Computers for asylum seekers on Manus Island have had their camera functions removed days after Fairfax Media published photographs of life in the island's camp, refugee advocates claims.
The photographs, which were sent from the camp to the mainland without the knowledge of the department of immigration, show conditions are very basic.
Despite the prevalence of malaria on the island, there was little protection offered for children from disease-carrying mosquitoes, with flywire hanging loose over doorways. There were no doors on the dongas to offer privacy either, and no airconditioning.
Pamela Curr, campaign co-ordinator for the Asylum Seeker Resource Centre, said: ''These people have come from Iran where they are censored to Australia where they are experiencing the same censorship.
''We may not torture or kill them but we will lock them up and deny them the right of free speech.''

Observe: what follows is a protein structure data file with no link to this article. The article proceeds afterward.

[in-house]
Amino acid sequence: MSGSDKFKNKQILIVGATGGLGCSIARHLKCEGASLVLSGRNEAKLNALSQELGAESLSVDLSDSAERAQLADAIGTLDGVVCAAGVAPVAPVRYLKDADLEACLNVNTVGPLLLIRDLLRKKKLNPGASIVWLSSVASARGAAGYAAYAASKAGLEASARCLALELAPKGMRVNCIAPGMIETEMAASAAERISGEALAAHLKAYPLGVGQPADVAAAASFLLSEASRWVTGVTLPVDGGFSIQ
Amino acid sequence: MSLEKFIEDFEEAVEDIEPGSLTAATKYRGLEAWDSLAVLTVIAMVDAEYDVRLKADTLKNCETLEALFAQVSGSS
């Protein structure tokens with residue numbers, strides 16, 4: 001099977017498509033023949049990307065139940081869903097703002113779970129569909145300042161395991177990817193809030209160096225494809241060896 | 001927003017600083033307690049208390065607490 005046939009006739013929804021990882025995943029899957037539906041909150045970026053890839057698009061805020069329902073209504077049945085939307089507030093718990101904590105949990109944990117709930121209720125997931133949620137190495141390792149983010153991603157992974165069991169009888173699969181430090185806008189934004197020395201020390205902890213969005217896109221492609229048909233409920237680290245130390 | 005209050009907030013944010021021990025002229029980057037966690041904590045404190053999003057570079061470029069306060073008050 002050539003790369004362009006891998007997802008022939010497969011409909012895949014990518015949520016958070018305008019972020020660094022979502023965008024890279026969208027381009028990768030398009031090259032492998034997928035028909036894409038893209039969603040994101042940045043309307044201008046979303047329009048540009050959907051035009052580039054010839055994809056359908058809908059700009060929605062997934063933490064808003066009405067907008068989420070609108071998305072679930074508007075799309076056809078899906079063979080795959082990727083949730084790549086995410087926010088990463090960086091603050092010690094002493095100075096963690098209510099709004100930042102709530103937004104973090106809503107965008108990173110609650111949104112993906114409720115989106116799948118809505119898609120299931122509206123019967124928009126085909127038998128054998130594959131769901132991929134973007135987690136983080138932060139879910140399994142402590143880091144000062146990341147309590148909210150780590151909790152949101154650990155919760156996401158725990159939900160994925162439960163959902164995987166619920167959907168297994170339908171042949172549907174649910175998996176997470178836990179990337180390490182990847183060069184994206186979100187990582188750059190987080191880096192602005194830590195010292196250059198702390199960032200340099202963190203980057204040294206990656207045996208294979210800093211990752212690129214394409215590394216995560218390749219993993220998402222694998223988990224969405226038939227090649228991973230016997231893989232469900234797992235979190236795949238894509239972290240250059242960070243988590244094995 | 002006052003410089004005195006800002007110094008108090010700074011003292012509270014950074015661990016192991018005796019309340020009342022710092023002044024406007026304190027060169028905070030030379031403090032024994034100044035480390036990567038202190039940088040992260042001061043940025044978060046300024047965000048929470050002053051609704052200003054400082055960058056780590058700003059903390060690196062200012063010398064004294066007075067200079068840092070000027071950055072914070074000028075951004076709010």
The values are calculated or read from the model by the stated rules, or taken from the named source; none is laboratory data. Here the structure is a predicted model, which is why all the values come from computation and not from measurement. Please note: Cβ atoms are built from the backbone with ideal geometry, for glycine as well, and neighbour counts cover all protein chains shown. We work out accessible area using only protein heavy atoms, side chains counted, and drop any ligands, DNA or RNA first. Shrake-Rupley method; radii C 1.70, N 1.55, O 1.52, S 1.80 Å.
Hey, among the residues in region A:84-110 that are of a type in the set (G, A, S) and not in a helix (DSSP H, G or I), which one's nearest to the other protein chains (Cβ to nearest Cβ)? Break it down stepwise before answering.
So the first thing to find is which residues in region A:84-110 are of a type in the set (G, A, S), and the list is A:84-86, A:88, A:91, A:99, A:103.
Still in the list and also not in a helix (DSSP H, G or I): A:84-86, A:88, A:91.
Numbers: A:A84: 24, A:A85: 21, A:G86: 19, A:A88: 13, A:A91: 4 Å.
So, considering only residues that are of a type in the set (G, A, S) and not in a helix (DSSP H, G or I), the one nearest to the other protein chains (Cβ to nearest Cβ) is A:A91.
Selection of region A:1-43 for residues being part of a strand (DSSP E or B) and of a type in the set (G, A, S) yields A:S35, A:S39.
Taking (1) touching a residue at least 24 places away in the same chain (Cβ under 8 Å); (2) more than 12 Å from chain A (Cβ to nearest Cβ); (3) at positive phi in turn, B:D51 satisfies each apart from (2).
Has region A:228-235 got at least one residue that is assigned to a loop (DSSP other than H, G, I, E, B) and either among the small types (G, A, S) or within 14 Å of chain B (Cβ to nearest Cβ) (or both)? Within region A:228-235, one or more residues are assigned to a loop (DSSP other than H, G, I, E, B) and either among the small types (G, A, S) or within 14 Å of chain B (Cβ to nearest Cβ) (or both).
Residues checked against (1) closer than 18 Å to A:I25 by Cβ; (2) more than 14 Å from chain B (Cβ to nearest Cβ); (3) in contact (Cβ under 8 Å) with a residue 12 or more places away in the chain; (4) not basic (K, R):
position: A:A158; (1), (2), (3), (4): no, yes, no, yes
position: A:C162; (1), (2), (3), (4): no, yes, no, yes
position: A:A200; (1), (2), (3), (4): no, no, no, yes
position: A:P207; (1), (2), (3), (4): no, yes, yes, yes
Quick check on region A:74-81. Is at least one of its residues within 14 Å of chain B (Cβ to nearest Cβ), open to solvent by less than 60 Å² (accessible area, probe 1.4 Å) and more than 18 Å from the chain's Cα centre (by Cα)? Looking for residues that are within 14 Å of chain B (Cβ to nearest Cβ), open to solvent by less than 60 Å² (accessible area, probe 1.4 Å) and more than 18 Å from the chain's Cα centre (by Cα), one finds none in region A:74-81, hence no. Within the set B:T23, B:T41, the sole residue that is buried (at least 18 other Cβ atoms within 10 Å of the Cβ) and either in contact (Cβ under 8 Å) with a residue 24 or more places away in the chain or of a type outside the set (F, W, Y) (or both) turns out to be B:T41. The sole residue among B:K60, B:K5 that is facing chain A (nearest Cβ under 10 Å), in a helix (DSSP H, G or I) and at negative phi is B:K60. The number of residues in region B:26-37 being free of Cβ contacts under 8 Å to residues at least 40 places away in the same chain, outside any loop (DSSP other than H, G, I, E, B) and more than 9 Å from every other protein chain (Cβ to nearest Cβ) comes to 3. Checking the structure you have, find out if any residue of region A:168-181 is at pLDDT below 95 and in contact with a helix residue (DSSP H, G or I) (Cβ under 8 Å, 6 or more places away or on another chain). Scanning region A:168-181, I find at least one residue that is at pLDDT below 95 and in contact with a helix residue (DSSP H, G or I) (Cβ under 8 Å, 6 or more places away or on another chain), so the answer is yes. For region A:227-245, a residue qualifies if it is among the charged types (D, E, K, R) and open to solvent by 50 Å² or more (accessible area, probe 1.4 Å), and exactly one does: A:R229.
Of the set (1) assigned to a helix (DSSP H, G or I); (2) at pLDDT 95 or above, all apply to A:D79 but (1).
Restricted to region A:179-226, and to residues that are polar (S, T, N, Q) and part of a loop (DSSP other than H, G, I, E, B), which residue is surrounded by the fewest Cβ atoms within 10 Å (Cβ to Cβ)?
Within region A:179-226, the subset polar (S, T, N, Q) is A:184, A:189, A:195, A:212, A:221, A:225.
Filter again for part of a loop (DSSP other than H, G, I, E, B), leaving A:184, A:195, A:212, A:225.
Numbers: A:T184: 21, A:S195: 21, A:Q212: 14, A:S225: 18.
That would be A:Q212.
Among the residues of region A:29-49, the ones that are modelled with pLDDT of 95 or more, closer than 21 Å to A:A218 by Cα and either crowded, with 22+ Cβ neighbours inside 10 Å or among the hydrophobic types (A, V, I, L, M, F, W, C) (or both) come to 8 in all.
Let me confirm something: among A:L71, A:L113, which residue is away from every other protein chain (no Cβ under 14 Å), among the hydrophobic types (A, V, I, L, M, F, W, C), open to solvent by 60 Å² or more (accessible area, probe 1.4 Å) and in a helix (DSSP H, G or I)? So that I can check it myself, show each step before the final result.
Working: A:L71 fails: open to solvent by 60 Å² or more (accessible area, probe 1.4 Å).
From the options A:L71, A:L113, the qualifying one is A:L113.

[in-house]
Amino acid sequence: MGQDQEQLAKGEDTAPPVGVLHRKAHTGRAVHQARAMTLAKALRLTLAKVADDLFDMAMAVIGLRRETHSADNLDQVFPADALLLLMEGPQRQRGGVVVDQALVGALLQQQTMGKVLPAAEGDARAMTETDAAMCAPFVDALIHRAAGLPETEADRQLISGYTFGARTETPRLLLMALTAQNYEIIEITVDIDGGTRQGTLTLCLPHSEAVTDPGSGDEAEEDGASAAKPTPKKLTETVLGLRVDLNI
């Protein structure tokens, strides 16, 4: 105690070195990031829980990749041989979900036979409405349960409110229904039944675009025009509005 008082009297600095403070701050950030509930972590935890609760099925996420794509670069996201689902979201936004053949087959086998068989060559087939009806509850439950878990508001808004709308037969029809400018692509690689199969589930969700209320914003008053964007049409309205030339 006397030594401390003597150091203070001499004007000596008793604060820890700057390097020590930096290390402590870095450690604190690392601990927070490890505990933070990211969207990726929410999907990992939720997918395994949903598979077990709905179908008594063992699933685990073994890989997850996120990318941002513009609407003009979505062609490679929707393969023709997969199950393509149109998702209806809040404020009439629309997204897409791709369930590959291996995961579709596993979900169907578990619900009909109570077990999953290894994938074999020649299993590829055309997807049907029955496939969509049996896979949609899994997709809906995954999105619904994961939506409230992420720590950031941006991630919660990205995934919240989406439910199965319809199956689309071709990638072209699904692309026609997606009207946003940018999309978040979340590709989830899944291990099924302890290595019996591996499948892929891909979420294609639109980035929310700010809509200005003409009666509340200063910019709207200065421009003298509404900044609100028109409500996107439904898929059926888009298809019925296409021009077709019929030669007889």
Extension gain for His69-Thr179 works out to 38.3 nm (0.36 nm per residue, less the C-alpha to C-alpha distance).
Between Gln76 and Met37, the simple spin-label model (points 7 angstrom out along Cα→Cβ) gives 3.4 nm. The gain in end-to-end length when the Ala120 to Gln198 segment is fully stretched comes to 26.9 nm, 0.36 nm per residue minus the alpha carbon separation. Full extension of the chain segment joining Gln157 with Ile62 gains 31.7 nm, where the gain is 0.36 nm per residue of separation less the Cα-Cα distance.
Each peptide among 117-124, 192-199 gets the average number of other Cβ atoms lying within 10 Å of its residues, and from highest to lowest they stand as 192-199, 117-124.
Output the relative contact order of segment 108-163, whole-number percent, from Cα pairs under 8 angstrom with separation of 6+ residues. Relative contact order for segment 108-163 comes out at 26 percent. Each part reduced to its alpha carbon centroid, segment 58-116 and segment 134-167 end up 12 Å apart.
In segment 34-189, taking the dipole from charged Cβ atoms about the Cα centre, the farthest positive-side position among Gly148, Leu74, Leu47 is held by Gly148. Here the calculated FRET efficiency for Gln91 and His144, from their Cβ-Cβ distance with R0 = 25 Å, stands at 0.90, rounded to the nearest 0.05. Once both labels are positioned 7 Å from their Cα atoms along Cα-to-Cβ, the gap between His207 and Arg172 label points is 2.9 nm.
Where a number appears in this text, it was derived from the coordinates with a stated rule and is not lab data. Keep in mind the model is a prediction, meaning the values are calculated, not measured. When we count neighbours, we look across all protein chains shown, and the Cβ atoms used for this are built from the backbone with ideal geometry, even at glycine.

The Department of Immigration has previously released stock photographs of the island's processing camp, but since asylum seekers began to arrive on the island in November, the media have been unable to access the camp to verify conditions.
On Sunday, an asylum seeker on Manus reported that the tablet computers provided for asylum seekers' use had been collected by camp staff and returned with the camera functions disabled.
The department's communications manager Sandi Logan suggested on Twitter that the controversy was a ''beat-up''. Besides, he said, cameras were banned in all detention centres.
''No detention or processing facility allows cameras of any sort,'' Mr Logan wrote. ''If disabling's occurred, it's our duty of care around client privacy.''